Blind spots are areas of behaviour seen by others, but not known by you.
- They can be positive behaviours that your colleagues appreciate i.e. “Nick always keeps me up to date on the resolution of any project issues.”
- They can be behaviours that that annoy your colleagues i.e. “Nick insists on calling me late in the afternoon when I need to leave and pick up my children from the child minder.”
- They can be behaviours that your colleagues wish you would do i.e. “Nick always emails us or calls us, but never comes to see us in person. A personal touch is so important in this business.”
Why don’t they tell me?
Throughout my career, I have found that most of the time, colleagues will only give me this important feedback if asked.
I am not sure whether they are too busy, frightened of conflict or just cannot be bothered.
When was the last time you proactively gave feedback to a colleague?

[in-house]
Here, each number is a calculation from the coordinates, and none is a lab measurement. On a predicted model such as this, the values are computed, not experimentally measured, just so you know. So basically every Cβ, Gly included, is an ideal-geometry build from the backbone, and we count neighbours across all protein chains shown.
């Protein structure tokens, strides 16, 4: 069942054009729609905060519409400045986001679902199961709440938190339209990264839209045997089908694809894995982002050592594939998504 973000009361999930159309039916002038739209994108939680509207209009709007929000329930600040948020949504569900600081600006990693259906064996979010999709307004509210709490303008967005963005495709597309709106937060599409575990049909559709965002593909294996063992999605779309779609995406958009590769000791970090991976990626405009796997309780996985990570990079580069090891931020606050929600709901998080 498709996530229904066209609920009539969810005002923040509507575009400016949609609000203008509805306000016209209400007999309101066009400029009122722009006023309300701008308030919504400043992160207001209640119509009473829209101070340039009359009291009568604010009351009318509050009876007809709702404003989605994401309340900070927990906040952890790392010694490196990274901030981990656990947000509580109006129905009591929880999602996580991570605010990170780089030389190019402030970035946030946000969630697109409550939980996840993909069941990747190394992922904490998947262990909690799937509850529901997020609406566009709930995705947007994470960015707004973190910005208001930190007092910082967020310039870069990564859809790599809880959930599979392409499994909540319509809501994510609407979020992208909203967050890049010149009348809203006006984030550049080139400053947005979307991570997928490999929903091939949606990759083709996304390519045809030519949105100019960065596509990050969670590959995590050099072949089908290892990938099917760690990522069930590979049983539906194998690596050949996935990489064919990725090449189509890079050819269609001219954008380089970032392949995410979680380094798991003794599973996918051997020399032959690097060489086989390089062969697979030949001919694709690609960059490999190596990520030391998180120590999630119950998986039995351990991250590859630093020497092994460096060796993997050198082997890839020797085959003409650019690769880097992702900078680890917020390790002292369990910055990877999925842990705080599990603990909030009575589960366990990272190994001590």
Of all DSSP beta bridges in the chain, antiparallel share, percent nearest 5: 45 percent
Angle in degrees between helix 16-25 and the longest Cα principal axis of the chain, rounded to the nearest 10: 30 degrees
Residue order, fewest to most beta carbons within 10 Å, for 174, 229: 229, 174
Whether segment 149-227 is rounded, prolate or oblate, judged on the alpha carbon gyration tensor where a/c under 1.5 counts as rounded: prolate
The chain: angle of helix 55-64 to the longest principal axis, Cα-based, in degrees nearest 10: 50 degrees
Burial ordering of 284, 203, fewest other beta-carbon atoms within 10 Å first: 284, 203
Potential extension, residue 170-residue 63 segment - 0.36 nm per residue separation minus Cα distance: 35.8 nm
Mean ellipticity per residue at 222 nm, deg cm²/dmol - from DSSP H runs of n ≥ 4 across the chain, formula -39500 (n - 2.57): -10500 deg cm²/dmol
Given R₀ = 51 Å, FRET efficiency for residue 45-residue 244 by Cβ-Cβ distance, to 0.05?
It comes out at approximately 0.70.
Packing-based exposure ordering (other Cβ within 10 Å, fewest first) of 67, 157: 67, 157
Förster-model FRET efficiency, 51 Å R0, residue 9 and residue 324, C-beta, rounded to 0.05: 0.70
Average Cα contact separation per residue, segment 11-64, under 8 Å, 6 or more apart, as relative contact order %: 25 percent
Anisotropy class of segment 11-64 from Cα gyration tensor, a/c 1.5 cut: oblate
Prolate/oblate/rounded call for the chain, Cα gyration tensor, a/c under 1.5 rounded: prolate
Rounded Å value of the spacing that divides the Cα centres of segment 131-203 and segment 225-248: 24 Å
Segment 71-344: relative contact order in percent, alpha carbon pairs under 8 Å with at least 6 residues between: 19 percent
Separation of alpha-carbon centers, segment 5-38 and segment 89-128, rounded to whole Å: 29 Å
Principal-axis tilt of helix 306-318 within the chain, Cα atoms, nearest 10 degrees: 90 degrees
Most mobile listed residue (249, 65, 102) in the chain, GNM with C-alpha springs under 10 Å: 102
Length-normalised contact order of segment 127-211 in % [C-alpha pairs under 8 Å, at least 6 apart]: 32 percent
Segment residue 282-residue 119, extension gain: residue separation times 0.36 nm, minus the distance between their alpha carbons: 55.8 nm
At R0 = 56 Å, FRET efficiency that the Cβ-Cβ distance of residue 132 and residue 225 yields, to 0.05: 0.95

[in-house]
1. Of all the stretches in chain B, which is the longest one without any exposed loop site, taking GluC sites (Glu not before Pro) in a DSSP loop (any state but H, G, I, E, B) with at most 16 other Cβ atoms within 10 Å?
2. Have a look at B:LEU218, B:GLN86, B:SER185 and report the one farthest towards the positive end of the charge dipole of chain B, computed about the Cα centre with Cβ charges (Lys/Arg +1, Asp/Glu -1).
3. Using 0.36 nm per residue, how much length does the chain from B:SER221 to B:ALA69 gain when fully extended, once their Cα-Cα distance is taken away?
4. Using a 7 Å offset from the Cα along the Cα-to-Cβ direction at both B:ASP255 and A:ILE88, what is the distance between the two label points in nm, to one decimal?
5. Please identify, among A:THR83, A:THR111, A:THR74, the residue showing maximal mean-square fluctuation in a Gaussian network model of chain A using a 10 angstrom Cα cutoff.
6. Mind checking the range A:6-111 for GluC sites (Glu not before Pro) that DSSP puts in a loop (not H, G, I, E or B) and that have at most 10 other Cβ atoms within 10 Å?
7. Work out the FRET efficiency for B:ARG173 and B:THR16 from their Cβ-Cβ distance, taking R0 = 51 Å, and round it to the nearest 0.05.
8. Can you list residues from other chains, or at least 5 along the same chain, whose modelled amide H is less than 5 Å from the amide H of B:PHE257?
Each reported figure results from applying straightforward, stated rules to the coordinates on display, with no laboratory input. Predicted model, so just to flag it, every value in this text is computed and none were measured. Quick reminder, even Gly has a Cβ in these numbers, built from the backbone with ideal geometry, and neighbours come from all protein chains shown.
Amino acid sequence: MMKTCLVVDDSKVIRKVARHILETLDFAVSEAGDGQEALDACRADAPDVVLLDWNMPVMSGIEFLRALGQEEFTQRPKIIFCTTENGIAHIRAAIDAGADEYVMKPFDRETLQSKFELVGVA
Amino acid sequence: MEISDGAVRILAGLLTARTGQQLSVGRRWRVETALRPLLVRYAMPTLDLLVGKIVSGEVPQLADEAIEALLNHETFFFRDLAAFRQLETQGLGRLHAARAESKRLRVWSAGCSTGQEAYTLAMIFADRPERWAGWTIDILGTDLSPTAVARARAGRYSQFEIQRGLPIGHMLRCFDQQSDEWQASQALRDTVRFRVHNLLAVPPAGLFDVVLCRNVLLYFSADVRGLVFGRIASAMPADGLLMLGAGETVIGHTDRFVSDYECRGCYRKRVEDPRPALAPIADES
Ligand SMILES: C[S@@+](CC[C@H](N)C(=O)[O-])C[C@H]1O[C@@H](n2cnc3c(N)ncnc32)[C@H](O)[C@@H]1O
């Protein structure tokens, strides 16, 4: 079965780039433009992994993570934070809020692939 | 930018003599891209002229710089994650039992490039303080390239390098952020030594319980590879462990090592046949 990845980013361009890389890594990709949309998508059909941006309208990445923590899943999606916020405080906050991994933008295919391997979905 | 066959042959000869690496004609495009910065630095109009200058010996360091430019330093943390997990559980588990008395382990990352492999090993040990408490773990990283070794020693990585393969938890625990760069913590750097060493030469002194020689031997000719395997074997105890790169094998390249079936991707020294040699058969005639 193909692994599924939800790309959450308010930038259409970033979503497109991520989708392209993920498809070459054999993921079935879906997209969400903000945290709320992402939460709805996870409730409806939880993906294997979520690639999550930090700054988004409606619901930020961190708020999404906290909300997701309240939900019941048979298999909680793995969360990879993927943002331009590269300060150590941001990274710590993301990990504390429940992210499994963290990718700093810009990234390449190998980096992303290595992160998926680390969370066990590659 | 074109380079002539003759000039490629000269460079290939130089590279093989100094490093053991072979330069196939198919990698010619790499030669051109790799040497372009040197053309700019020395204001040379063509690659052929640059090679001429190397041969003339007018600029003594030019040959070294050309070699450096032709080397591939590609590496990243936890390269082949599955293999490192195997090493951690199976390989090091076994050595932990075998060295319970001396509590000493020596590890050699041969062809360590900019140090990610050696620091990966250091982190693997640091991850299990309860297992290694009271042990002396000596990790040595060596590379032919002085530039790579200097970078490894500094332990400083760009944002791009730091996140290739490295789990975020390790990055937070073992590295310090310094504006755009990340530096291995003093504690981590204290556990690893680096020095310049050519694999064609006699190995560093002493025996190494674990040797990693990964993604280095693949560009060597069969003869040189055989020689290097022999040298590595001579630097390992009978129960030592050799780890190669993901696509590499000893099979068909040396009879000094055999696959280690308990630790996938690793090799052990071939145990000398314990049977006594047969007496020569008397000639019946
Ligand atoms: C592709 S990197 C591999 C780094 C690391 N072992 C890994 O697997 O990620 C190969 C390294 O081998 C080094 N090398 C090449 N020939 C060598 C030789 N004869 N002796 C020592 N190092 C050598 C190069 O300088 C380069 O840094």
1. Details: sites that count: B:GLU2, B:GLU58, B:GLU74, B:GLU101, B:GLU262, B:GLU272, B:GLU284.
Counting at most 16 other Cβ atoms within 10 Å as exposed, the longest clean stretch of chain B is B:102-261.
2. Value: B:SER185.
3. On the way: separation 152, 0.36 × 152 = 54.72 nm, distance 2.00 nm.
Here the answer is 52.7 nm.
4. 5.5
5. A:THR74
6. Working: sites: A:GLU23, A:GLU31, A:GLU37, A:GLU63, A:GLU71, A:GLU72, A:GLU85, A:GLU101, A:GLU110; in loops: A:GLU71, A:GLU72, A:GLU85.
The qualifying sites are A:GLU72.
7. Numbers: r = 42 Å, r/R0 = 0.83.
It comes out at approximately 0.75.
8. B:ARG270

I therefore always ask, but ask in a way that makes it easy for them.
[pullquote align=”normal” cite=”Assegid Habtewold, The 9 Cardinal Building Blocks: For Continued Success in Leadership”]The people who care about you may not tell you your blind spots fearing to offend/hurt you. Open up and ask their feedback and get enlightened.”[/pullquote]
Want to know how?
There are 3 simple, but powerful questions that you need to ask –
- What should I stop doing?
- What should I start doing?
- What should I continue doing?
I even used these questions on my leadership team to give feedback on each other. This gave me insight on how the team perceived each other as well as reinforced some of my own observations.
I have asked these questions over different mediums with varying outcomes –
- Over email. This works ok, but people are sometimes reluctant to be associated with their feedback.
- By phone. This works well as I can immediately ask further questions to gain more clarity. Again some people are uncomfortable with this approach.
- Using a survey tool that allows the feedback to be anonymous. This works well, but I am unable to ask further questions for clarity. I always use the survey software I developed, swiftsay.com for this.
I know, it was a shameless plug 🙂
Anyway, the best way I found was to ask people to select the medium they are most comfortable with i.e. use a combination of all 3.
Ok, now you know what are blind spots and how to find them.
What is stopping you finding out?
When you have them, what are you going to do with them?